Baltimore school officials met with City Council members yesterday and confirmed that incomplete or shoddy repair work was done at 40 schools, then asked for $25 million from the city surplus to help pay for repairs and renovations.
City Council President Stephanie C. Rawlings-Blake and Councilwoman Mary Pat Clarke asked school officials to explain why spot checks by state inspectors revealed that school employees had falsely reported making repairs and had permitted shoddy work. The irregularities were reported this month by The Sun.
Before school officials spoke, Clarke criticized the school system's handling of the repair work.
"What bothered people the most is the thought that work which wasn't done was reported as complete," Clarke said. "That's dishonesty at the root of the system. The bigger question is, how do you fix that?"
During the session, none of the school officials directly addressed Clarke's allegation about dishonesty. But J. Keith Scroggins, the city schools' chief operating officer, said a school system inspector should have checked to see that the work was done properly and that steps have been taken to ensure that such lapses do not occur again. He said vandals were responsible for damaging some of the repair work after it was done.
Scroggins said the city school system had sent a letter to Mayor Sheila Dixon seeking $25 million from the city surplus that had been pledged for school renovations. About a year ago, then-Mayor Martin O'Malley pledged that the money would go to the school system and the move was approved by the council last June. But Dixon's administration recently redirected $5 million of that money to after-school programs.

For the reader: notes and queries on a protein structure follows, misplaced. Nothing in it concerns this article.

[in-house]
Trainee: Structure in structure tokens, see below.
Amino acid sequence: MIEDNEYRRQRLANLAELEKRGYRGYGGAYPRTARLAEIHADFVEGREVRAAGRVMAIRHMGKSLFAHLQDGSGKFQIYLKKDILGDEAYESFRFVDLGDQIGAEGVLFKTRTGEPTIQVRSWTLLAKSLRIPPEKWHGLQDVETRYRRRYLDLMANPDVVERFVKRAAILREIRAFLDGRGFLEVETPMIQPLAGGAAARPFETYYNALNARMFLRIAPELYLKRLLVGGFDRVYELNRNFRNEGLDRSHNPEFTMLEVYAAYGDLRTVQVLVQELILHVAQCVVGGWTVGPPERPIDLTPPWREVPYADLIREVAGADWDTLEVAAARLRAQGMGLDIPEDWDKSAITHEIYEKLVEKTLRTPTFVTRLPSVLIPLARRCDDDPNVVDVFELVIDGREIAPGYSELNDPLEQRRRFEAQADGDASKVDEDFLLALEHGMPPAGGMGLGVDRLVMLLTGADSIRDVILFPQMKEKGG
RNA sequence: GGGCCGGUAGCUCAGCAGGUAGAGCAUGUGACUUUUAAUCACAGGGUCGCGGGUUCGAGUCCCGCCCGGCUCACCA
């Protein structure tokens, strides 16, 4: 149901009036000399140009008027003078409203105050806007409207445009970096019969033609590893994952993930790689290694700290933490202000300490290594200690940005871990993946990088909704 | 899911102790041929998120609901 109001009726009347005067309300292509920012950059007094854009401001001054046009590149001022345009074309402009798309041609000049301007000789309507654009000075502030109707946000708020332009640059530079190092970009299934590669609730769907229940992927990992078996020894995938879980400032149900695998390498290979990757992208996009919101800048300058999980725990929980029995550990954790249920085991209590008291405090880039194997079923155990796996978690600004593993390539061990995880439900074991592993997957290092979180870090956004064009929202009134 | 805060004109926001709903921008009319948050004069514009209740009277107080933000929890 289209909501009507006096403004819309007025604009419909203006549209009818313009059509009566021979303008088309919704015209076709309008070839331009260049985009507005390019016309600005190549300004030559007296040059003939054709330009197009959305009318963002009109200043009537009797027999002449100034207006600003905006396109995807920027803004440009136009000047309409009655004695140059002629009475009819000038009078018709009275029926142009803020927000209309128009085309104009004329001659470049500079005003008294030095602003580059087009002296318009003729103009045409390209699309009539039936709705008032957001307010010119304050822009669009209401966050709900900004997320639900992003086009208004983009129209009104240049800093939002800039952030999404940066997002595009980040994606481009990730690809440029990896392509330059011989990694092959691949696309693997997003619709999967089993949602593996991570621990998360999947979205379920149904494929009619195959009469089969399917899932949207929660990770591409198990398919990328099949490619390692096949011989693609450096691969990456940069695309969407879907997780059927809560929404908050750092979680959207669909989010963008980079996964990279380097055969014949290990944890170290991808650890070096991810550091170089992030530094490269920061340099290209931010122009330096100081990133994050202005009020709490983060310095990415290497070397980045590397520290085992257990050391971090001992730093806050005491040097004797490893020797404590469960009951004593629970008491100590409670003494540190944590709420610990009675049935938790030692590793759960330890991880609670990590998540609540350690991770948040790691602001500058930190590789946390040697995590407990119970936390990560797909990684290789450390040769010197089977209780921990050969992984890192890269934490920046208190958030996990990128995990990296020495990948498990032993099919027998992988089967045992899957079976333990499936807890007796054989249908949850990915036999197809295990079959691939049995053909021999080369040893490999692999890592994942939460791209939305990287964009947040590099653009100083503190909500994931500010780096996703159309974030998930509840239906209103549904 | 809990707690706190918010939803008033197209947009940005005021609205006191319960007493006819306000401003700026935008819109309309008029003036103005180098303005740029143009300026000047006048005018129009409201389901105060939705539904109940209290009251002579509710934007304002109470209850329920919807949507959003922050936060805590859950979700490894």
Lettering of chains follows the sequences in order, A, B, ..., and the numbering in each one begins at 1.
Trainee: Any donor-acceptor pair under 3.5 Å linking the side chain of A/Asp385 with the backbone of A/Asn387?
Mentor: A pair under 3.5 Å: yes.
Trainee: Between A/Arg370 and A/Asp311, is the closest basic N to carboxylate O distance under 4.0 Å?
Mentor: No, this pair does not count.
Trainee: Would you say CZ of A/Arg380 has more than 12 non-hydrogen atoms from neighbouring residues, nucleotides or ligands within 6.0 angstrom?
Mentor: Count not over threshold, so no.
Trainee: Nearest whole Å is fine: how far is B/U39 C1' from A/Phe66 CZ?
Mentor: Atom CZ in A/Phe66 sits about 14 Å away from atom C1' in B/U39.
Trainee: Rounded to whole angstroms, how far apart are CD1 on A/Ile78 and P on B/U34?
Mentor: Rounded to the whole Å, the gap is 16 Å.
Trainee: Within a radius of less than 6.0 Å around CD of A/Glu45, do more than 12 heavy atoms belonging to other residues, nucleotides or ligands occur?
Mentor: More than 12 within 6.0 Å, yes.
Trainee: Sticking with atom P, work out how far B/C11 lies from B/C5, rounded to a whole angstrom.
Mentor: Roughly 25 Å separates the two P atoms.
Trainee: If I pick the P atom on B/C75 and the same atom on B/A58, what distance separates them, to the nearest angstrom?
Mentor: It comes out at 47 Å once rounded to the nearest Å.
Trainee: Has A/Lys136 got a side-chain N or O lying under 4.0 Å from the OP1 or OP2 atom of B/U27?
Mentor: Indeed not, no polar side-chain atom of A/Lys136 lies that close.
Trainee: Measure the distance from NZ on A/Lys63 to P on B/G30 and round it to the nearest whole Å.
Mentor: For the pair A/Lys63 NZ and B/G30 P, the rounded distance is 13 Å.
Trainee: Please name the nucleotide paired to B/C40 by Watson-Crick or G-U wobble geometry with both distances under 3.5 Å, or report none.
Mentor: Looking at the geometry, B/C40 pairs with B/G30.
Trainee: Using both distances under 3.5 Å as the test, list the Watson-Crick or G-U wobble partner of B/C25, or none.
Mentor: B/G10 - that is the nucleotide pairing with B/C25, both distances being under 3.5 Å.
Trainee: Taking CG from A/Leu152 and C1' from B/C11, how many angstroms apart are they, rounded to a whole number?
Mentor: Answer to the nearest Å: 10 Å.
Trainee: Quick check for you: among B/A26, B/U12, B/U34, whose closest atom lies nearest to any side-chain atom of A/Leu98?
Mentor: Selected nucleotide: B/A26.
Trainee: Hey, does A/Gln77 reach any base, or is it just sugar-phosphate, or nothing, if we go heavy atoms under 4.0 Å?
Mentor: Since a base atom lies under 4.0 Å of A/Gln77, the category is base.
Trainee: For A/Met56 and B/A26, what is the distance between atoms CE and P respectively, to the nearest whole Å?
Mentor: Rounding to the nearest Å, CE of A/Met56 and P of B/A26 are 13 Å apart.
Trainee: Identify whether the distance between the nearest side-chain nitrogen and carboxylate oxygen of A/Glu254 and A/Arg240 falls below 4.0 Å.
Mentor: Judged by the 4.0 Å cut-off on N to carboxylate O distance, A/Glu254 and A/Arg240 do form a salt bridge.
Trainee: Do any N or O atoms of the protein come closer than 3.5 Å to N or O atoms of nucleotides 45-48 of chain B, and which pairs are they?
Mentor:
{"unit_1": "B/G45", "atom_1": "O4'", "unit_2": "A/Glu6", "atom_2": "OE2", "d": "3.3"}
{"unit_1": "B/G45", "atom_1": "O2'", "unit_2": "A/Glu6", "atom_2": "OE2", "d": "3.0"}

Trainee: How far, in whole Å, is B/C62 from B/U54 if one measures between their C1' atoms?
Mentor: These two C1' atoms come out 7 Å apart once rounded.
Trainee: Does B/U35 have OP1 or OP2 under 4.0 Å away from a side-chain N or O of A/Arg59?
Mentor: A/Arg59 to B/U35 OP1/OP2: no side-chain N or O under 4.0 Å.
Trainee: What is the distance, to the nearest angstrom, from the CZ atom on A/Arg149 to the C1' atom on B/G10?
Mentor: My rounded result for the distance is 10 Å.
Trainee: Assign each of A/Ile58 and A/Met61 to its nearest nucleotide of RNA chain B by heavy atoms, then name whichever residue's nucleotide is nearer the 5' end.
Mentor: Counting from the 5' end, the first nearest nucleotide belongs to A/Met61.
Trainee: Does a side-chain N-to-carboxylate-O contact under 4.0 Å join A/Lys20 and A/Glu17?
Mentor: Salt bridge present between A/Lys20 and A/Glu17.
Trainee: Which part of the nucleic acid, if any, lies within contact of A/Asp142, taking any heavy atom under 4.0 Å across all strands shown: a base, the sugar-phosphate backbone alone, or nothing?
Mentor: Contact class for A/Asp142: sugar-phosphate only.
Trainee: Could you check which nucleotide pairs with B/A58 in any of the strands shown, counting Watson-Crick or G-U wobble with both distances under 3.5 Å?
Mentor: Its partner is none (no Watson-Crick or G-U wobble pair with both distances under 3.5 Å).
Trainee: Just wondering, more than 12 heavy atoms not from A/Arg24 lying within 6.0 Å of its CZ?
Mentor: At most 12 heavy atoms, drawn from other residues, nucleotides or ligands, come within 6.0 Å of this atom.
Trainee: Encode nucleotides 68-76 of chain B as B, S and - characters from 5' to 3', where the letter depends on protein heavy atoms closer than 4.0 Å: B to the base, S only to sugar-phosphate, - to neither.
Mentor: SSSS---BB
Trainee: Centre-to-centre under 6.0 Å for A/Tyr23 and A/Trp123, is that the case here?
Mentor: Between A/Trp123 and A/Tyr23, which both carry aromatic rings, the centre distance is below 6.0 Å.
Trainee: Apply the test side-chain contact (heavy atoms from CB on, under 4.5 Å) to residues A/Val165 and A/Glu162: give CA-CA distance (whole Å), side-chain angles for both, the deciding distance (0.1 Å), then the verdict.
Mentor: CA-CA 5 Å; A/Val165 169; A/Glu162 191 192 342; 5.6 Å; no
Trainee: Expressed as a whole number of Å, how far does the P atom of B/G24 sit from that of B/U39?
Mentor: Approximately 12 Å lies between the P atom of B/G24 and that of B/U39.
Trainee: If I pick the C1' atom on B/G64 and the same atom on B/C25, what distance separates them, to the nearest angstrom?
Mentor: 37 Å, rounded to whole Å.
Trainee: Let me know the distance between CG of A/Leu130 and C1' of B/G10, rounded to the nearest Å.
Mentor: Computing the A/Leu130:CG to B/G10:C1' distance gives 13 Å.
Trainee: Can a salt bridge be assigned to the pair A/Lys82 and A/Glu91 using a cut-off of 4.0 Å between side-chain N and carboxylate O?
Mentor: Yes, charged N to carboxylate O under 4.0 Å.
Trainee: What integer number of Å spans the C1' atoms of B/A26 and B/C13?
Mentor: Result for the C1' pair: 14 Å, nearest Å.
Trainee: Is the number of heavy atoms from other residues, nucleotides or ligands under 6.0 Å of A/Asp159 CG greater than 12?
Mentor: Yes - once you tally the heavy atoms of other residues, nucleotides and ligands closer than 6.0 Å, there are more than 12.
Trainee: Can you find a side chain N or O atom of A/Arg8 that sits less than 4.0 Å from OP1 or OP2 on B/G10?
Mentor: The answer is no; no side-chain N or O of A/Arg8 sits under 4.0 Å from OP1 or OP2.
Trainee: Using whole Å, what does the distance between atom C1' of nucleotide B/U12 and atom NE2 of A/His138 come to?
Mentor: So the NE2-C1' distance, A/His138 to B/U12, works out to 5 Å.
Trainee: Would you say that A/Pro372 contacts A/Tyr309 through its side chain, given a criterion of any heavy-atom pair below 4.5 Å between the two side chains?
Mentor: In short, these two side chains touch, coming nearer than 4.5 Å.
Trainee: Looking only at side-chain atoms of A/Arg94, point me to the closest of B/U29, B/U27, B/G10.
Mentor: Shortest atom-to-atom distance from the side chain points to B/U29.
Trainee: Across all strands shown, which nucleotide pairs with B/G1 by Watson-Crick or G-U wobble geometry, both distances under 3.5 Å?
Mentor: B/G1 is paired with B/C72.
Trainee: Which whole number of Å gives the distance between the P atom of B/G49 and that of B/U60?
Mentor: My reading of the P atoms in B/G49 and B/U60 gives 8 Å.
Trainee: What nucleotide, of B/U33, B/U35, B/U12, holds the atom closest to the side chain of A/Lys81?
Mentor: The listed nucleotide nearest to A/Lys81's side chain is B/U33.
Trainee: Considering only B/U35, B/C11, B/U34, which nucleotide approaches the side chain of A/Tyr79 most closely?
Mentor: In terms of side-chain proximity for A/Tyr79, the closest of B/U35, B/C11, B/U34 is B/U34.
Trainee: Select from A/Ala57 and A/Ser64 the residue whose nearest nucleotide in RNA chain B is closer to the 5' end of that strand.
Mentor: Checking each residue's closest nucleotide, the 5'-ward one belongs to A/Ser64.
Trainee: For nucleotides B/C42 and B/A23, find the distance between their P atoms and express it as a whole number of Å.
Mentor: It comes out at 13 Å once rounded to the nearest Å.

Scroggins said the $25 million would be added to $120 million in the school system's capital improvement budget that has been earmarked for upgrades at 55 schools over the next year.
The $25 million "would help us out to have more insurance," Scroggins told the council. He did not give council members details on how the money would be spent.
In a phone interview after the meeting, Kevin Seawright, the school system's deputy chief operating officer, said the money would be used to make up a projected $11 million deficit.
Seawright said some money would be used to hire consultants to look at the feasibility of building a new school.
"It's really imperative that we have that money to get done all we need to get done," he said. "If not, we'll have to come up with other possible ways of reaching our goal of renovating schools."
Last night, a spokesman for the mayor said Dixon would see that the $25 million is turned over to the school system.
"The school system will get that $25 million, but there are some protocols that we will go through for school construction," said Anthony W. McCarthy, the mayor's spokesman.
Scroggins said major overhauls totaling about $28 million are set to begin at Paul Laurence Dunbar and Carver high schools. About $28 million has been earmarked for upgrades set for schools receiving students from seven schools closed by the city school board in February.
About $44 million of the school system's capital budget is devoted to repairs, including replacing boilers, roofs, elevators and lighting fixtures.
Seawright said the system will have to spend some money to fix the problems detailed in The Sun.
Last fall, state inspectors performed routine maintenance inspections at 40 city schools and found 585 building deficiencies ranging from minor infractions to potential safety hazards. Last winter, the city school system reported to the state that many of the problems had been corrected or were in the process of being fixed.
But in February and March, the state inspectors returned to five of the schools and found that nearly two-thirds of the repairs that the system had said it made were incomplete or not done at all, prompting a scathing confidential letter from a high-ranking state official to state Superintendent Nancy S. Grasmick.
State officials said they believe that Scroggins did not knowingly provide incorrect information but was given inaccurate reports by members of his staff. Scroggins has since taken disciplinary action against one person in management.
Scroggins, who has been in his post for about a year, said yesterday that he is working to provide more accountability in his department and has hired an executive director of facilities to personally oversee repairs at the schools.
Blaine Lipski, who is in charge of the repairs, has inspected 14 of the schools and expects to have visited all 40 by next month.
"He's made headway in getting those repairs serviced," Scroggins said at yesterday's meeting with Clarke and Rawlings-Blake.